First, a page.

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Tests: Always Call for Results

Posted by medconsumers on July 1, 2009

You go through the time, trouble, and expense of having a medical test. You don’t call to learn the results, assuming all is well or the doctor would have called. In fact, some doctors never notify patients with serious abnormal test results, according to one of the rare studies on this topic. It found a 7% rate of either failure to inform patients of abnormal test results or failure to document in the medical record that the patients were informed. The study was led by Lawrence P. Casalino, MD, Weill Cornell Medical College, New York City, and published last month in the Archives of Internal Medicine.

Failure to inform a patient of abnormal outpatient medical tests is a serious medical error, say Casalino and colleagues. In fact, doctors would be expected to document the fact that they informed their patients in the medical record, given the fact that diagnostic errors are the most frequent cause of malpractice claims in the U.S.

The researchers reviewed the medical records of 5,434 randomly selected patients in 19 community-based primary care practices and four primary care practices affiliated with academic medical centers. Blood tests and three screening tests (mammography, Pap test, and fecal occult blood test for colon cancer) were selected as the focus of this study because they are commonly performed in the outpatient setting.

After singling out all the tests that had shown abnormal results, the researchers went through the medical records to find documentation that the patients were informed. Out of 1,889 abnormal test results, there were 135 apparent failures to inform. Additionally, the doctors were asked to respond to a six-question survey to determine whether they followed the standard steps that should be taken after a medical test, for example, the results go to the physician who ordered the test.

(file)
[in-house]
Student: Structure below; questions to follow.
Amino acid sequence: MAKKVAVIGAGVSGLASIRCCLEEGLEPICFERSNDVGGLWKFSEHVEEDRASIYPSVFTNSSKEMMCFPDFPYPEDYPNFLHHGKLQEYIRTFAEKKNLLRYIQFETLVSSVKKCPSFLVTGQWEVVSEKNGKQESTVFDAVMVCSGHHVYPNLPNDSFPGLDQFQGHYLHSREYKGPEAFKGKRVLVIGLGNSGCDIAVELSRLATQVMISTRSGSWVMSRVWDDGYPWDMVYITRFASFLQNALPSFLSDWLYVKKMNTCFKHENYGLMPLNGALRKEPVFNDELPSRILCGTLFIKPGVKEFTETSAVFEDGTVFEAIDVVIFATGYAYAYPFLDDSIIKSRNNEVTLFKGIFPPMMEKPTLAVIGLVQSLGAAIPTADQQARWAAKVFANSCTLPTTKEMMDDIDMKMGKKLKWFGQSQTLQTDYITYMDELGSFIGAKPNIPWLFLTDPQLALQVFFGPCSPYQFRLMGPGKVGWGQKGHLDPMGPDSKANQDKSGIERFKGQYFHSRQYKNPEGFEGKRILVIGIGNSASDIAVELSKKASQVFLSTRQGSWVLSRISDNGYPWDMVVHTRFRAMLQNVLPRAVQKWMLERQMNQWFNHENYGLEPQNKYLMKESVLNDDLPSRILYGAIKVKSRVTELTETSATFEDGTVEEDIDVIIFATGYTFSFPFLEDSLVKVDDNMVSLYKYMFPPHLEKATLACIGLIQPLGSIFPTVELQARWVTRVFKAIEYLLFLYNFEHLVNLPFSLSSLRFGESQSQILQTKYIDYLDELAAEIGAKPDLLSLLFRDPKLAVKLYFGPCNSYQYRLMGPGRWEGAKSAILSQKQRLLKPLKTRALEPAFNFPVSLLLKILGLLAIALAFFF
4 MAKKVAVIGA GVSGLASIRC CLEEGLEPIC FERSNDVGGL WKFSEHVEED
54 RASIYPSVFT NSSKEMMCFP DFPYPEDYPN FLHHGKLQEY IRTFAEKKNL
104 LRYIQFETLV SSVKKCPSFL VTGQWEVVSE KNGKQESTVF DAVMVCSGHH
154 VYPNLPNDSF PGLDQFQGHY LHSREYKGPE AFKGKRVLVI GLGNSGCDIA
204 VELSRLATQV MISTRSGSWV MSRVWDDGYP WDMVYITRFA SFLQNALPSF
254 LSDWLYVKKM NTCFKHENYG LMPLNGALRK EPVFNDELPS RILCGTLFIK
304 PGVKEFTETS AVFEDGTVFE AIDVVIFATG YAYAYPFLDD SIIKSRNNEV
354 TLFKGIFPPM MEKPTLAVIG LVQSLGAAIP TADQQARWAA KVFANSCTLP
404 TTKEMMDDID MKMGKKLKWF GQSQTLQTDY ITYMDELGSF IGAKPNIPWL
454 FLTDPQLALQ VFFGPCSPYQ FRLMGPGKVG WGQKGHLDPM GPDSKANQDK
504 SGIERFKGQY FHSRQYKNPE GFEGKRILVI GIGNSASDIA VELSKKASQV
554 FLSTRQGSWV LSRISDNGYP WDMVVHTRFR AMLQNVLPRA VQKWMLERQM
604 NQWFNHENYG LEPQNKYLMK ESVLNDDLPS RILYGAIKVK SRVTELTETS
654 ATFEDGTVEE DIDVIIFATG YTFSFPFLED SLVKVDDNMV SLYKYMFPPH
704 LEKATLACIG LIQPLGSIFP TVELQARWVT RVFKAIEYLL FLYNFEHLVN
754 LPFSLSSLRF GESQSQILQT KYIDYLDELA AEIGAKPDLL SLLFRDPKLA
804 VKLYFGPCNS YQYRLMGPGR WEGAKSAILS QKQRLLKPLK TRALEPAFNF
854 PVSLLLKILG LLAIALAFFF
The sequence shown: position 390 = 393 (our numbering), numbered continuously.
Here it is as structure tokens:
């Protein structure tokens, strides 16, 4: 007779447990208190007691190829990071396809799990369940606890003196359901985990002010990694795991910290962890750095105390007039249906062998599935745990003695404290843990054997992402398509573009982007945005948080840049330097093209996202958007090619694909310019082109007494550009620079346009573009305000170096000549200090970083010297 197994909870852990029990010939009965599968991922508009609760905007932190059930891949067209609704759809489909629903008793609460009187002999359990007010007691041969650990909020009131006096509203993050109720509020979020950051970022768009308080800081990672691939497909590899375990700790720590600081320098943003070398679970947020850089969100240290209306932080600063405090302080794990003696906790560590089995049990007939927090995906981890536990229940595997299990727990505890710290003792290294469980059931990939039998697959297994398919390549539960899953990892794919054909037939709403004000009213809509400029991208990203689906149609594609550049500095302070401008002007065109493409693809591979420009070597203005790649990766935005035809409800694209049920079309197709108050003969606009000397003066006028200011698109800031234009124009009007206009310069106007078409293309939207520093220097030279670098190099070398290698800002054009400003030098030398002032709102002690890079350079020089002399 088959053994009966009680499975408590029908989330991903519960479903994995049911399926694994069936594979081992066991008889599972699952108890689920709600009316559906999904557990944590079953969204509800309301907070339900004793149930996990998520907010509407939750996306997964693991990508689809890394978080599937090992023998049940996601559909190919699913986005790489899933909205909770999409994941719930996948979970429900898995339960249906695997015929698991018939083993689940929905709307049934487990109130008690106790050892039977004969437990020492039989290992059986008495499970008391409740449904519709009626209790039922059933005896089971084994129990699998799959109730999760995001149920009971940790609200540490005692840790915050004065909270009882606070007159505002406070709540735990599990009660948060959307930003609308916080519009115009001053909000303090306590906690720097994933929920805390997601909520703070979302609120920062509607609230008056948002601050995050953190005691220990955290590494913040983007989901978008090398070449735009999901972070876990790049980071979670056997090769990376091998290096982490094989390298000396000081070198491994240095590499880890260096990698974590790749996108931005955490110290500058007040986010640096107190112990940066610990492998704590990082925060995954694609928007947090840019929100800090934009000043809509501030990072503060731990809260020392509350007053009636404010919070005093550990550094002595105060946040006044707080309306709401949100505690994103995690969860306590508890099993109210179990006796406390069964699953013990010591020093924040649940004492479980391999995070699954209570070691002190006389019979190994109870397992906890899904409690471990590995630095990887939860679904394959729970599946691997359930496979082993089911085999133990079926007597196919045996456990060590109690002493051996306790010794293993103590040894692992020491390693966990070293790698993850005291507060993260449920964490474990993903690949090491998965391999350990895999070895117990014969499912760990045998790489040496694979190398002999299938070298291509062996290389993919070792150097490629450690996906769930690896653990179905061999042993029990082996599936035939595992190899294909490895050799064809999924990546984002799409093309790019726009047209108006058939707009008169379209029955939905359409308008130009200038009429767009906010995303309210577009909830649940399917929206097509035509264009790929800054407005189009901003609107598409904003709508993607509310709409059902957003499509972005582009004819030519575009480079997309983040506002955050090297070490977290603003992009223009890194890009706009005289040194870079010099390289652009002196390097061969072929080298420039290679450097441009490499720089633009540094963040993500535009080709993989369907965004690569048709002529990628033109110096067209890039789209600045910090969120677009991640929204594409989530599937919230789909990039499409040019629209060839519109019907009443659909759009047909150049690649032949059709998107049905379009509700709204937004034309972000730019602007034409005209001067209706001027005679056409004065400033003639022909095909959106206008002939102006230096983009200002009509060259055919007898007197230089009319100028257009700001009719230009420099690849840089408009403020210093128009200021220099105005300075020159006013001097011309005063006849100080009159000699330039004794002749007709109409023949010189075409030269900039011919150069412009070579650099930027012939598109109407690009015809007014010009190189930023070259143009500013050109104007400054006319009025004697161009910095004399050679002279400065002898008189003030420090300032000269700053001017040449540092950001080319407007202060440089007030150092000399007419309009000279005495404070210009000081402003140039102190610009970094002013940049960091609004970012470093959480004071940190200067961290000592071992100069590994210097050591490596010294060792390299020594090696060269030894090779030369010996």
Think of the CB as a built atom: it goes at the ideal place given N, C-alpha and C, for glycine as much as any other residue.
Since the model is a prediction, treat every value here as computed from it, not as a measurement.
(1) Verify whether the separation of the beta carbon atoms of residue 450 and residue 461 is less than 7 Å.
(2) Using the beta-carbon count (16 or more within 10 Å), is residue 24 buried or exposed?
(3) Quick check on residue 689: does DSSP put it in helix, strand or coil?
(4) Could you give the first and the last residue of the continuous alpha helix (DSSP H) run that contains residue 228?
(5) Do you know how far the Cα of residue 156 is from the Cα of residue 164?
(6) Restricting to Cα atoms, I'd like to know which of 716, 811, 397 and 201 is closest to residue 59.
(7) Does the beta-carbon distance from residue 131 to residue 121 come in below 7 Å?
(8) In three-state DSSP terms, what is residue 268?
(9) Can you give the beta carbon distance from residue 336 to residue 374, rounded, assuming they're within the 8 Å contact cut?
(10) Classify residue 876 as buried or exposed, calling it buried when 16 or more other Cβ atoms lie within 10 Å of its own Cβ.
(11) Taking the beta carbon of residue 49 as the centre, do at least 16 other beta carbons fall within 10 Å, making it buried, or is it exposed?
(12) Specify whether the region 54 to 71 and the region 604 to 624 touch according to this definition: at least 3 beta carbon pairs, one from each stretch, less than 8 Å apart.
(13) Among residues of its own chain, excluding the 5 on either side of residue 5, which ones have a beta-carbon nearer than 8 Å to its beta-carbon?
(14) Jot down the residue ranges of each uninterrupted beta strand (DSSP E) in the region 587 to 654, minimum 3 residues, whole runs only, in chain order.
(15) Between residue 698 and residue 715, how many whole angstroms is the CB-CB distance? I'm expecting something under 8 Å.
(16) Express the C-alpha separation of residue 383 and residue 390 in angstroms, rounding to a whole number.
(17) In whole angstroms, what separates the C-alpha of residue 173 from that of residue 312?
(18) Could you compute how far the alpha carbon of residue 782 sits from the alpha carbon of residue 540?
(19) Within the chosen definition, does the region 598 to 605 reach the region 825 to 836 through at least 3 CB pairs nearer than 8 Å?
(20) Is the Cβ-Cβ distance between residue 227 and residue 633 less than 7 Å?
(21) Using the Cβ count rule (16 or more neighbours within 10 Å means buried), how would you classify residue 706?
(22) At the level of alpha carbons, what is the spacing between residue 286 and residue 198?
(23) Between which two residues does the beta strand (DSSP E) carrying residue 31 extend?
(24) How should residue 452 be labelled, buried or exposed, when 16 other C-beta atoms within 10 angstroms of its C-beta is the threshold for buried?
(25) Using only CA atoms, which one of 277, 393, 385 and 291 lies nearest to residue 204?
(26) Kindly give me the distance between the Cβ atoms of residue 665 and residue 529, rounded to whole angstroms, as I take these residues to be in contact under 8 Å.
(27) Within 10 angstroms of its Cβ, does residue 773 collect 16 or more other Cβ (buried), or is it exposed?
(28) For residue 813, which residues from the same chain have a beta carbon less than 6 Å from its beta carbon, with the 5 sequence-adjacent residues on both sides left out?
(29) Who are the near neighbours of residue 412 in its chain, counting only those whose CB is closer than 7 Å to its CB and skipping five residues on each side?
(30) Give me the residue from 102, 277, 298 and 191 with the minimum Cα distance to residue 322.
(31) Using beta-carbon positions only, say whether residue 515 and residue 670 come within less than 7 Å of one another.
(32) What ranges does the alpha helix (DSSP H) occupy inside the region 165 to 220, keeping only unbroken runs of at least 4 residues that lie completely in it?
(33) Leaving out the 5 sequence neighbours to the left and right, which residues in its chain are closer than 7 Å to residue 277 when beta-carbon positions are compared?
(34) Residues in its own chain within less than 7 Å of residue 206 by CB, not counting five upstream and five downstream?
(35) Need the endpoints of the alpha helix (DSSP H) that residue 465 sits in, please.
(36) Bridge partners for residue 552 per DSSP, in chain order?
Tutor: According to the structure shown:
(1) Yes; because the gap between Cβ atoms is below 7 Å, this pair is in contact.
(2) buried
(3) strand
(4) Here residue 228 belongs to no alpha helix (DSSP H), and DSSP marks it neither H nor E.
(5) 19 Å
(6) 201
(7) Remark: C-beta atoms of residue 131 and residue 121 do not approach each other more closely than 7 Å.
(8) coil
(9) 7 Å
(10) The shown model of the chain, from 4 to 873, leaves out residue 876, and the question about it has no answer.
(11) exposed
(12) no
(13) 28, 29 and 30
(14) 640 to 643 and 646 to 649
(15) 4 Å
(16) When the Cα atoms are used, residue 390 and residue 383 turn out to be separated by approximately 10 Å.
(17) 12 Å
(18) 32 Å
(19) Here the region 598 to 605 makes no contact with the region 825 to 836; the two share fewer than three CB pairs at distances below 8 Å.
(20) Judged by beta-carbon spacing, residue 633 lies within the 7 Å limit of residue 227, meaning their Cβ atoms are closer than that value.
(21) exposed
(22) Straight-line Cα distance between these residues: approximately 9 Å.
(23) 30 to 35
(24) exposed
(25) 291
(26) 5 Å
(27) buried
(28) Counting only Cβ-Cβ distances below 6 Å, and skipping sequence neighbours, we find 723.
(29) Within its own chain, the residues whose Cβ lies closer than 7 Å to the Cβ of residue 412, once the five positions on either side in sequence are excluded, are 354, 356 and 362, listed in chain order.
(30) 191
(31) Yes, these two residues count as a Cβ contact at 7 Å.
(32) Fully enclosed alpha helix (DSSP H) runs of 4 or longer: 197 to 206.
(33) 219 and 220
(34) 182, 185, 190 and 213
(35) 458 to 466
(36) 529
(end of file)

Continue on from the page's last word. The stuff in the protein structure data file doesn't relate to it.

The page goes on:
In all cases where there was no documentation, doctors were alerted to the fact and given the opportunity to either inform the patient or correct the record if, in fact, the patient had been informed. Some physicians said that their patients had been informed but did not document it; some had erroneously judged the test results to be insignificant; still others said they were not responsible for the test. The reviewers gave doctors the benefit of the doubt in the few cases that were ambiguous, allowing them to be counted as notified.

The researchers concluded that failure to inform patients of abnormal test results was “fairly common,” occurring in one out of every 14 abnormal tests. The highest failure rate was shown in the practices that used a combination of paper and electronic medical records. There was no difference, however, between practices that relied solely on paper records and practices with complete electronic medical records, though the researchers added that few practices in their study had converted completely to electronic medical records.

Casalino and colleagues say their study is the first to look at a variety of medical tests and types of medical practices. It was funded by the California HealthCare Foundation.


Take-Home Message:
Always call for your test results. Better yet, ask for a copy. To understand lab test results, go to Lab Tests Online, which bills itself as “a public resource for clinical lab testing from the clinical laboratory professionals who do the testing… peer reviewed, non-commercial and patient centered.”

Maryann Napoli, Center for Medical Consumers(c)

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